Echoes - Echoes camshot
mardi 04 janvier 2011 (1 post)

These days, I've been used to a very specific $EDITOR usage. I use my (Xfce) workspaces as context switch. Basically, each time I need to start a new “activity” I open a new workspace, open some terminals, maybe a browser, an editor (gvim) window etc. Then when I'm done, I delete that workspace.

I can have multiple activities at once, and switch from one to another depending on various stuff. On those workspaces, I'd like to be able to have only one editor window, even when I open new files using “gvim foo.c”. But I'd like to have one editor window per workspace, not one global editor, since I'd like the editor to be context-specific too.

I recently heard about the gvim remote stuff, and I've came with the following gvim function (zsh syntax):

function gvim() {
desktop=$(xprop -root -notype -f _NET_CURRENT_DESKTOP 0c '$0+\n' _NET_CURRENT_DESKTOP) 
if [ "$#" -ge "1" ];
=gvim --servername $desktop $gvimargs $*

The xprop trick is a hackish way to stick one gvim window per workspace, it might need to be adjusted if one has a two monitors setup and want to be able to have one editor per monitor per workspace.

Basically, that snippet checks if a gvim server already exists with the current workspace name. If yes, it opens the file(s) in it, if not it run a new gvim server and opens the file there.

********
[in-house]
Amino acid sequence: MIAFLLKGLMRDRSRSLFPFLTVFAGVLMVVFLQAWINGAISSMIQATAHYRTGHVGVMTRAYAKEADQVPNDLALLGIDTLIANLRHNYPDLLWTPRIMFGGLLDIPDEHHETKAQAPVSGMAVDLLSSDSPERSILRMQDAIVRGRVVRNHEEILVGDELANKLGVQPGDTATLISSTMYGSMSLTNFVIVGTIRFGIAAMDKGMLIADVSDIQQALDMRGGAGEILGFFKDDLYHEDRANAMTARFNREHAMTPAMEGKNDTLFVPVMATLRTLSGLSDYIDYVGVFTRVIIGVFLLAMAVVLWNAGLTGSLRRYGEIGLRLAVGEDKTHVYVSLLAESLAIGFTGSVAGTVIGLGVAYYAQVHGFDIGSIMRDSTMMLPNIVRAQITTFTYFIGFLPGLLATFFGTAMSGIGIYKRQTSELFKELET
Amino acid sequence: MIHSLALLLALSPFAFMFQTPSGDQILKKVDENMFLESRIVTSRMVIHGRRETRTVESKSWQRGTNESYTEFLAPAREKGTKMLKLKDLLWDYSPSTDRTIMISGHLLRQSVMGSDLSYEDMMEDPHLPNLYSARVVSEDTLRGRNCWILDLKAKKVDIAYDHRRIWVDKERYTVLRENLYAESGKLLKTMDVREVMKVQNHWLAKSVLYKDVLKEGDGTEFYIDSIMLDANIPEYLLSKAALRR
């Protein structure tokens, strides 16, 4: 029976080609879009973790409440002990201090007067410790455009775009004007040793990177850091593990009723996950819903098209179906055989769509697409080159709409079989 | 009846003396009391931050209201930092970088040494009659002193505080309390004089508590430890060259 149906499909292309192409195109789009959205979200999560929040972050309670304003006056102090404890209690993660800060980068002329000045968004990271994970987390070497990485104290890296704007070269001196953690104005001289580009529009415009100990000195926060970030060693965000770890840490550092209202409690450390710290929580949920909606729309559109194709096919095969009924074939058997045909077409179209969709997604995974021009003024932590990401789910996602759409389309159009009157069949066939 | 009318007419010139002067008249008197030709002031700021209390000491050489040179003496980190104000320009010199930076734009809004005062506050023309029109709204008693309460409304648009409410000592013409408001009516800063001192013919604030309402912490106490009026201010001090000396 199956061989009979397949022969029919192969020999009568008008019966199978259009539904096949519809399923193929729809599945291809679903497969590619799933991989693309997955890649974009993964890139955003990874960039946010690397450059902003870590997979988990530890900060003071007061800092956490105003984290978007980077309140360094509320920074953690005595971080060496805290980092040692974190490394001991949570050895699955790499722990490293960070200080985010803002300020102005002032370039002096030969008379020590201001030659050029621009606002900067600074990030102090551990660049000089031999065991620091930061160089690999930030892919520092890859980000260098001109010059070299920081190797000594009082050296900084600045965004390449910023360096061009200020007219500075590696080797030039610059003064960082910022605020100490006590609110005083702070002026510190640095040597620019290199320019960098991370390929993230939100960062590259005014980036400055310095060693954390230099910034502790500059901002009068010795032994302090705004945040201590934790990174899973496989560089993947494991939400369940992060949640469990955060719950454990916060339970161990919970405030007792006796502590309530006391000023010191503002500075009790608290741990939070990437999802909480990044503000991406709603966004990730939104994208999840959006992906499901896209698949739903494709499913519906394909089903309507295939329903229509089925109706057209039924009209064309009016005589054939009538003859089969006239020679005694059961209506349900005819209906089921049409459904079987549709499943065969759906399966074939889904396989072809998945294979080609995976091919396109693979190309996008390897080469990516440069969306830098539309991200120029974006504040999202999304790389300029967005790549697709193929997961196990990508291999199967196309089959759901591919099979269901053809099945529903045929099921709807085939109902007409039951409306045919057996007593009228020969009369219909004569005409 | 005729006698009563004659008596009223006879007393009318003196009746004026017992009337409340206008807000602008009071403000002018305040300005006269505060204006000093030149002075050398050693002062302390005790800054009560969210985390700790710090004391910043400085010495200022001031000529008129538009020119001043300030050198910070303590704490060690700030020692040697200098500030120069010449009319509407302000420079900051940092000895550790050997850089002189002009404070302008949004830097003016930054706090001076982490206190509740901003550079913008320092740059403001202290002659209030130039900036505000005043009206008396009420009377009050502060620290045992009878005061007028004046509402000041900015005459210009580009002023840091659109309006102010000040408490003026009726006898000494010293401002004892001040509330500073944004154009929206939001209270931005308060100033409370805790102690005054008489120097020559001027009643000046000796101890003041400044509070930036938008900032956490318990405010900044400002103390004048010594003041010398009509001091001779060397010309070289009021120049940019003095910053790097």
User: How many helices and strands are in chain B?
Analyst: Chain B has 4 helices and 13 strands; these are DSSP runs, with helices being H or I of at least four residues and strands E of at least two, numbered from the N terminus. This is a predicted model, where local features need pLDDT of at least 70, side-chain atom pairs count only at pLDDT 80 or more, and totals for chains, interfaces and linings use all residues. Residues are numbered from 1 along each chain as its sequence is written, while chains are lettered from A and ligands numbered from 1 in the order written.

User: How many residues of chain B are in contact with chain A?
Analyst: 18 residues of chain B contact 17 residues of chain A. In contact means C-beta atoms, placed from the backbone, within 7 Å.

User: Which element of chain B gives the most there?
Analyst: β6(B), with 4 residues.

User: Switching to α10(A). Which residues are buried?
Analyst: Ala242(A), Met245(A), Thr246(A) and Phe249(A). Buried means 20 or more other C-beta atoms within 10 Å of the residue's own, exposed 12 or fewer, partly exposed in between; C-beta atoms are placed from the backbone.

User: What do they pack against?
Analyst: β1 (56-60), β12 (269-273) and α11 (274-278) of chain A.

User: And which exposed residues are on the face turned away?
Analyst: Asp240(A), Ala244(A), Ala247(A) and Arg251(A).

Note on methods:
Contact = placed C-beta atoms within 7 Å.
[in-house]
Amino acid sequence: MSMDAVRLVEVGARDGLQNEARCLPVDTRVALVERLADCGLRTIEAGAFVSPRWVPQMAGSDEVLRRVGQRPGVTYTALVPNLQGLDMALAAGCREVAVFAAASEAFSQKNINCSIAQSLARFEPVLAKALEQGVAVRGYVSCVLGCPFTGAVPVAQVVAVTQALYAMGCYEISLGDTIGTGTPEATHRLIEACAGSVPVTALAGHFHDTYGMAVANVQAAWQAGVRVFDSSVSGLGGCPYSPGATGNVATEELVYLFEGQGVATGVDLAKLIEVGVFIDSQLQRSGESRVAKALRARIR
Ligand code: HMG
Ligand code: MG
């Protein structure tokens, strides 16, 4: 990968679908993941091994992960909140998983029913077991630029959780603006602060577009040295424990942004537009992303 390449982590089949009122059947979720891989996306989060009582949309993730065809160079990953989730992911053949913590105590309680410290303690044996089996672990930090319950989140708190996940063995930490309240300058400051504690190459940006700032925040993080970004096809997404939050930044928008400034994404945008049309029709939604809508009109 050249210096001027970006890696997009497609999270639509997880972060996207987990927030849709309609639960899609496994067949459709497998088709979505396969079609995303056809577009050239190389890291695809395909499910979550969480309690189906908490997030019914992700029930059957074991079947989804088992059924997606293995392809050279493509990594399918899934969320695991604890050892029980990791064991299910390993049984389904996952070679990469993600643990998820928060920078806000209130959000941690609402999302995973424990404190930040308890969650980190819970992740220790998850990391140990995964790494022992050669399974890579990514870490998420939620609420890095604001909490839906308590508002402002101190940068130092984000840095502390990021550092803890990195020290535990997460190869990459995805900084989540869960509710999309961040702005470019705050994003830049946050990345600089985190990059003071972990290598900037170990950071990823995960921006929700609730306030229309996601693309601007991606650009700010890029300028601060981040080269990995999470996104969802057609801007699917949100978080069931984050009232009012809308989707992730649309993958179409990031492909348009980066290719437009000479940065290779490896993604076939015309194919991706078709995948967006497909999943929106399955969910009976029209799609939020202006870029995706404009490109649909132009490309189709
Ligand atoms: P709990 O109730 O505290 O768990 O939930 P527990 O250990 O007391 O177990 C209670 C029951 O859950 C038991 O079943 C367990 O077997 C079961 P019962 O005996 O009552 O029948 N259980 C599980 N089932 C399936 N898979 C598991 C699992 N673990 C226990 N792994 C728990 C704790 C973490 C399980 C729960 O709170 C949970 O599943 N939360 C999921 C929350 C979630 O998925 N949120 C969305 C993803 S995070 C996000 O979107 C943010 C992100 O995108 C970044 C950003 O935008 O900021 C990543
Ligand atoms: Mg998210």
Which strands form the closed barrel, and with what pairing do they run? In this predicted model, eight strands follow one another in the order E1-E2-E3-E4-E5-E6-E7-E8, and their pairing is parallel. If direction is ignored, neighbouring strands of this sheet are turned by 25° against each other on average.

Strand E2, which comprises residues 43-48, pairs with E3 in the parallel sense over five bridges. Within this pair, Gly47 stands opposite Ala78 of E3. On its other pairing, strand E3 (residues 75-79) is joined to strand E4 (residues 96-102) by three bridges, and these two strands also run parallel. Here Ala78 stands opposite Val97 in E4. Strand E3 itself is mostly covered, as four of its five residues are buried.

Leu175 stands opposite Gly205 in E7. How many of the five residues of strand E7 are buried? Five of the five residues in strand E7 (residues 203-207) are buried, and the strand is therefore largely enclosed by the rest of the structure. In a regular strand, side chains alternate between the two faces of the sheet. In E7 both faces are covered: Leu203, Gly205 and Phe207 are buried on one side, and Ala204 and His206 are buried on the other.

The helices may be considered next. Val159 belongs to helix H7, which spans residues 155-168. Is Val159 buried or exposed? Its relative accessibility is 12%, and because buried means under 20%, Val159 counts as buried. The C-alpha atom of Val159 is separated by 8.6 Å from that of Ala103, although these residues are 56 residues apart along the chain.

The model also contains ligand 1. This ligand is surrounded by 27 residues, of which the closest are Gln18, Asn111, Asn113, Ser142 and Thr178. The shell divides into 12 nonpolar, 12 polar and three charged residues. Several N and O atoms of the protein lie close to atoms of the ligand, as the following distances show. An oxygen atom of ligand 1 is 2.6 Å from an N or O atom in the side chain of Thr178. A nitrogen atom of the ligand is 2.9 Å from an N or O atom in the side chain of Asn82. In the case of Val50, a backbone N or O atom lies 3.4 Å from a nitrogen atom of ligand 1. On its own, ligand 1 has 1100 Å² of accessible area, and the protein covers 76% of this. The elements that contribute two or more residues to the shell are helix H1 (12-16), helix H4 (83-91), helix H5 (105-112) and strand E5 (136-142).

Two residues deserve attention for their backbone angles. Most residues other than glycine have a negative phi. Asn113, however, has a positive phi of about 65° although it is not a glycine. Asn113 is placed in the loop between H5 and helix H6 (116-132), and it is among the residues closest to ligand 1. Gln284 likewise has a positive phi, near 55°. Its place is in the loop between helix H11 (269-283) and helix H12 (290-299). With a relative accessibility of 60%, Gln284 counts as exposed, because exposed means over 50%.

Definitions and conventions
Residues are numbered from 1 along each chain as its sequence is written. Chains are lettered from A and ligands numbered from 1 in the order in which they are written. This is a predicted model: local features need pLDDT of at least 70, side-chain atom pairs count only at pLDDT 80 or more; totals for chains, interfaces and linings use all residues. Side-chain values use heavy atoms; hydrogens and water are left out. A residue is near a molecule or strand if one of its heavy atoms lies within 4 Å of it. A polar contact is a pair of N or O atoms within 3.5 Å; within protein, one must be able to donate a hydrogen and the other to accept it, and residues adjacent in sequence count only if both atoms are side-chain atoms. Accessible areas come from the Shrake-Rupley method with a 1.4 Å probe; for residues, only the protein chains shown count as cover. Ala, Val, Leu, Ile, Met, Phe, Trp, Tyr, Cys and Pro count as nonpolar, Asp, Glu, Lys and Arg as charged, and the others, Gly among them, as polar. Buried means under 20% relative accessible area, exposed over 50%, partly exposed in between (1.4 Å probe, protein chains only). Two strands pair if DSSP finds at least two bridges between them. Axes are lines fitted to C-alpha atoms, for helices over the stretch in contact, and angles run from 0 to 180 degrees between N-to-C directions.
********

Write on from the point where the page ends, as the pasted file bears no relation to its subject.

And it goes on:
It works more or less fine, but it has one problem: it fails badly when one needs to give args to the gvim call. Those args are usually placed *before* filenames, so in my case it won't work. One way to fix this would be to loop on all the args, check if the arg is an existing file, in case add it to $files. If not, add it to $args, then call gvim with the correct order. Works, except when you want to edit a new file, where you're back to point one.

All in all, it'd work, but it's not really a nice way to do it, imho. So I'm calling for help, in case anyone has an idea about that. Basically, is there a way to say to gvim “always open files in a remote server, run it if it's not already running” using the config file and not an argument (so I don't mess with the command line). I do need the servername to be desktop specific though, so it's still a difficulty.

NOTE: I know that emacs has some kind of remote server habilities too, but I'm not sure how it works and if it'd be possible to do that in emacs, and I'm not really an emacs user and don't really intend to switch.

If you have any idea, feel free to comment (by mail), I might do a later post when I have an enhanced solution.

Yves-Alexis@22:51:14 (Debian)

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